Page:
While centrally-organized markets have achieved reliable wholesale electricity delivery with economic efficiencies in their short-term operations, changing circumstances have challenged both centrally-organized and, to a lesser extent, vertically-integrated markets.

    • To date, wholesale markets have withstood a number of stresses. While markets have evolved since their introduction, they are currently functioning as designed—to ensure reliability and minimize the short-term costs of wholesale electricity—despite pressures from flat demand growth, Federal and state policy interventions, and the massive economic shift in the relative economics of natural gas compared to other fuels. The resulting low average wholesale energy prices, while beneficial for buyers of wholesale electricity, represent a critical juncture for many existing baseload generation resources and their role in preserving reliability and resilience.

    • Market designs may be inadequate given potential future challenges. VRE—with near-zero marginal costs and if at high penetrations—will lower wholesale energy prices independent of effects of the current low natural gas prices. This would put additional economic pressure on revenues for traditional baseload (as well as non-baseload) resources, requiring careful consideration of continued market evolutions.

    • Markets need further study and reform to address future services essential to grid reliability and resilience. System operators are working toward recognizing, defining, and compensating for resource attributes that enhance reliability and resilience (on both the supply and demand side). However, further efforts should reflect the urgent need for clear definitions of reliability and resilience-enhancing attributes and should quickly establish the market means to value or the regulatory means to provide them.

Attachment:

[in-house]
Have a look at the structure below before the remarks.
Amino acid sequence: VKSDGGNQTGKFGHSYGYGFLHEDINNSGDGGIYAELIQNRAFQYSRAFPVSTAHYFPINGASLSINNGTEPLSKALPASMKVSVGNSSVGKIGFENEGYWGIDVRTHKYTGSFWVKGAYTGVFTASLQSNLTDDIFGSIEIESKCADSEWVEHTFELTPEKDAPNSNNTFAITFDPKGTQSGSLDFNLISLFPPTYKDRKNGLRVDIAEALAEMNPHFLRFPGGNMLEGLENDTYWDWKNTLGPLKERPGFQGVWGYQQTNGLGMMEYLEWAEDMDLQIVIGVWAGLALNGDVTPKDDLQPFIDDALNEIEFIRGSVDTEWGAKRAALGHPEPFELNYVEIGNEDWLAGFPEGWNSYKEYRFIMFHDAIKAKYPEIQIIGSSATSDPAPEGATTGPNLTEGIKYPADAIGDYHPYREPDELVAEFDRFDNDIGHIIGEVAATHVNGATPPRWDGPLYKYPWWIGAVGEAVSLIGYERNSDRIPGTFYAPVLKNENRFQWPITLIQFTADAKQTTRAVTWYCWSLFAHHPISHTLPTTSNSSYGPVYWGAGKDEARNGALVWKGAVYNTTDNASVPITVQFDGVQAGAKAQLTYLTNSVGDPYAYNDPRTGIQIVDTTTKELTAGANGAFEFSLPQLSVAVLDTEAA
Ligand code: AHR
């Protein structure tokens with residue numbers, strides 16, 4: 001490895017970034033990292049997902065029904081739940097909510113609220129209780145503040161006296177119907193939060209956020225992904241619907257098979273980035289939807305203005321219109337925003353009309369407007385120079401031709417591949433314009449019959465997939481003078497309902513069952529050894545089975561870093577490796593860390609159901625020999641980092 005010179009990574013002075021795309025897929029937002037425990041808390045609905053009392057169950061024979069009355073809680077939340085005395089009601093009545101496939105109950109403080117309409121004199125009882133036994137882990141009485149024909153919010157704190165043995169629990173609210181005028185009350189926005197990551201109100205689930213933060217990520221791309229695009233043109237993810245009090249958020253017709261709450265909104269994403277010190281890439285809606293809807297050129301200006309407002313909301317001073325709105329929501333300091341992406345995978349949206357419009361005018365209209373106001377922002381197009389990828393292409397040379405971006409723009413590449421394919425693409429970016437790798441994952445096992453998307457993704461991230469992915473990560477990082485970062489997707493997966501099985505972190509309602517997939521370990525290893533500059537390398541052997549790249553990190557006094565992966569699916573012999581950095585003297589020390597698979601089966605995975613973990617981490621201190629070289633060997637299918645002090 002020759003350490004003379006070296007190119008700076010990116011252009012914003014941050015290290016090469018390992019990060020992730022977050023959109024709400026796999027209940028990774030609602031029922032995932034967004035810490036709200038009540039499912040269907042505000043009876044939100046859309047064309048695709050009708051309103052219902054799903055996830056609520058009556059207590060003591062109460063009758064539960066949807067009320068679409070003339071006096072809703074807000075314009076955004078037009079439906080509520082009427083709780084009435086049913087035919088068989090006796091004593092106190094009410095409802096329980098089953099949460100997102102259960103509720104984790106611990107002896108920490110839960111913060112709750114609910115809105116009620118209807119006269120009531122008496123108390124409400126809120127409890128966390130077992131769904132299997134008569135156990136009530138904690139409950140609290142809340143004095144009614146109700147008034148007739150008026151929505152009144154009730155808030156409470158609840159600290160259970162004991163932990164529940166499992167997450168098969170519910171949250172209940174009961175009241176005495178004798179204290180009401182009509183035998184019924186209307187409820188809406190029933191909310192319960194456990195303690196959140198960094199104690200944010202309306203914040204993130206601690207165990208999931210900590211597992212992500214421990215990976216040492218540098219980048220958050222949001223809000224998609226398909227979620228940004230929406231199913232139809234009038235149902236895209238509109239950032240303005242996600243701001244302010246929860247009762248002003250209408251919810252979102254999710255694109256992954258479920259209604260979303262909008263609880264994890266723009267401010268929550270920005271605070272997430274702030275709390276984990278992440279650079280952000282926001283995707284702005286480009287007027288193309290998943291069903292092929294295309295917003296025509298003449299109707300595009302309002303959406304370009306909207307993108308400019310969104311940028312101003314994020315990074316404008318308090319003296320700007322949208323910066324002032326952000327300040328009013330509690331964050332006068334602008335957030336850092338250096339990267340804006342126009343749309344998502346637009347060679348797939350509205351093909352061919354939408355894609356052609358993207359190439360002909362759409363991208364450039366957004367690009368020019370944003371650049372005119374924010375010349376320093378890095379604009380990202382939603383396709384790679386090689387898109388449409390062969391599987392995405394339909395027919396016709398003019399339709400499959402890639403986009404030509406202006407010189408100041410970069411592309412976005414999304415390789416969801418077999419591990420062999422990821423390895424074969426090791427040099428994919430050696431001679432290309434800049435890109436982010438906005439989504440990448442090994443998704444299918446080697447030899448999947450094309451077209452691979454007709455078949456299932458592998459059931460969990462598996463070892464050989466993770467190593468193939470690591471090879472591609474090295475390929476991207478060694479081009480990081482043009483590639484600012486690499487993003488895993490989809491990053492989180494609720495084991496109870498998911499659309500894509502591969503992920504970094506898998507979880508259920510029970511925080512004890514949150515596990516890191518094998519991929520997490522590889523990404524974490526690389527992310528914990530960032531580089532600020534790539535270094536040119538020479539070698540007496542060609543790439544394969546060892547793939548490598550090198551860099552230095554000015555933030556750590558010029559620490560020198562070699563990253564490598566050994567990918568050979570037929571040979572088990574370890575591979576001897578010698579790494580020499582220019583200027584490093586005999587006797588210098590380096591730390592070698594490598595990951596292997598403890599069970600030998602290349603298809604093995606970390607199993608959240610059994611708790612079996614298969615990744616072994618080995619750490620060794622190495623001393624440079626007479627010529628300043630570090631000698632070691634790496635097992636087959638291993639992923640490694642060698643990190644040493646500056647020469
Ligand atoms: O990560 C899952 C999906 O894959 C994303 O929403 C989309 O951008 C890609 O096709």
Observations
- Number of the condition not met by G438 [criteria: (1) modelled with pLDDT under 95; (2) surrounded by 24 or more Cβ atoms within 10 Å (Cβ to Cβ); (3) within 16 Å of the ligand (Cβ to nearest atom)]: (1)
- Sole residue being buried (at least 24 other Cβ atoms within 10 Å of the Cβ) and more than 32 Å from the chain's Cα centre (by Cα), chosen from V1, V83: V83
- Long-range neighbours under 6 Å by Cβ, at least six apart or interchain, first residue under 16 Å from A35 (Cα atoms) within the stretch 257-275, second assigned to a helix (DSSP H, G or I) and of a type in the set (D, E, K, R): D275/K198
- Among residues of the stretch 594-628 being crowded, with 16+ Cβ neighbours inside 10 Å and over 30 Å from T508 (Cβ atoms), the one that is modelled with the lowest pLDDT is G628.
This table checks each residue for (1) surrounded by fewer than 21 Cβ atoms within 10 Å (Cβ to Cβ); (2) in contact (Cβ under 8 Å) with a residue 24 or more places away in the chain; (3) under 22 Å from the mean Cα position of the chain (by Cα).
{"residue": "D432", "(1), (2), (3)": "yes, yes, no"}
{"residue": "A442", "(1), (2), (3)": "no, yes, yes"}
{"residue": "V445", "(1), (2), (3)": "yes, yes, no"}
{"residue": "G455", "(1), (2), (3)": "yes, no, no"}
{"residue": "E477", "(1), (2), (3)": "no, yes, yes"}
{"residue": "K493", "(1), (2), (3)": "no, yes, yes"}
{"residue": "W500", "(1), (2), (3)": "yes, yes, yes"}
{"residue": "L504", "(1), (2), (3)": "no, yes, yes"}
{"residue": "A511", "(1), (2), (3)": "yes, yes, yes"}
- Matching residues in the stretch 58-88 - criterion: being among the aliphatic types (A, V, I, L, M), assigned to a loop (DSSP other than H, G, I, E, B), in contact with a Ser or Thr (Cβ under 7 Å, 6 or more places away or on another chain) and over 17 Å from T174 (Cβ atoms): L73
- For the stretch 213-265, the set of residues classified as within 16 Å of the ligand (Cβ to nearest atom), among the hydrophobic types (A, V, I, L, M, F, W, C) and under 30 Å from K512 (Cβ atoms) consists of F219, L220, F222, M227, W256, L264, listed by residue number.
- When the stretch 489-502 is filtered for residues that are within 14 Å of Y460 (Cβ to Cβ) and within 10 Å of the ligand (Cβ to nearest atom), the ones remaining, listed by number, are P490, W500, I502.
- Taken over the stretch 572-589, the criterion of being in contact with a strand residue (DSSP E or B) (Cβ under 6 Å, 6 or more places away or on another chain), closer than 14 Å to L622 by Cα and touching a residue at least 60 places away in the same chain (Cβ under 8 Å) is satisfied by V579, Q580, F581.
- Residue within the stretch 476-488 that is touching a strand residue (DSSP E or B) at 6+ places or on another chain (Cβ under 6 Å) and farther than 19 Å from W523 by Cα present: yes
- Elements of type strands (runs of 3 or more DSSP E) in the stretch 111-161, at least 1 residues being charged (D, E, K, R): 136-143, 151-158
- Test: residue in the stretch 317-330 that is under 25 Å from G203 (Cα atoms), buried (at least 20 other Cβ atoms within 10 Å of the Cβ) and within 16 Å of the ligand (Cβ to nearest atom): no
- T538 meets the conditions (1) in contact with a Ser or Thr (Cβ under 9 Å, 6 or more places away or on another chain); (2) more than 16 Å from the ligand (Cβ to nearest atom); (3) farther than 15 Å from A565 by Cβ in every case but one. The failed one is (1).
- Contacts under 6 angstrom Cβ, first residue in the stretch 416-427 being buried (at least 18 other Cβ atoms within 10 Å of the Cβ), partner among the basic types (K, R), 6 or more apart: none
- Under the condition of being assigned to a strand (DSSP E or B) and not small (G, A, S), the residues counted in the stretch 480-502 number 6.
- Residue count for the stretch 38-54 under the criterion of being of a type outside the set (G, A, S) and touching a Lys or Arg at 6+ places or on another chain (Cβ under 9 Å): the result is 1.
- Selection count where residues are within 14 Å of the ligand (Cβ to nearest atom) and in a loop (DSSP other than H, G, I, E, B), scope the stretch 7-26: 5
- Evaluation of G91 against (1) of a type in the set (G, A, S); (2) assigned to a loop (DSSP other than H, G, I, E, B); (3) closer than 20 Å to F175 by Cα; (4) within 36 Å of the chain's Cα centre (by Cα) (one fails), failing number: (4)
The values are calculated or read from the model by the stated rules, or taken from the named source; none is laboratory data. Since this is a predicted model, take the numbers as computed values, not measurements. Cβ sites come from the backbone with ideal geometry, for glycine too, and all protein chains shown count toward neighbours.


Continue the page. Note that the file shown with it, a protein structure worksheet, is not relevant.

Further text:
Evolving market conditions and the need to accommodate VRE have led to the increased flexible operation of generation and other grid resources. Some generation technologies originally designed to operate as baseload were not intended to operate flexibly, and in nuclear power’s case, do not have a regulatory regime that allows them to do so.

    • Generation from VRE can change widely over the course of a single day, which requires dispatchable power plants to be operated more nimbly. Additionally, in some areas of the country, there may be over-generation from VRE at some points in a day, which drives prices to almost zero yet requires quick-ramping assets when VRE subsides. Taken together, these trends have placed a premium on flexible output rather than the steady output of traditional baseload power plants. This flexibility is generally provided by generation resources. However, nongeneration sources of flexibility—such as flexible demand, increased transmission, and energy storage technologies—are being explored as ways to enhance system flexibility.

    Society places value on attributes of electricity provision beyond those compensated by the current design of the wholesale market.

    • Americans and their elected representatives value the various benefits specific power plants offer, such as jobs, community economic development, low emissions, local tax payments, resilience, energy security, or the national security benefits associated with a nuclear industrial base. Most of these benefits are not recognized or compensated by wholesale electricity markets, and this has given rise to a variety of state and private efforts that include keeping open or shutting down established baseload generators and incentivizing VRE generation.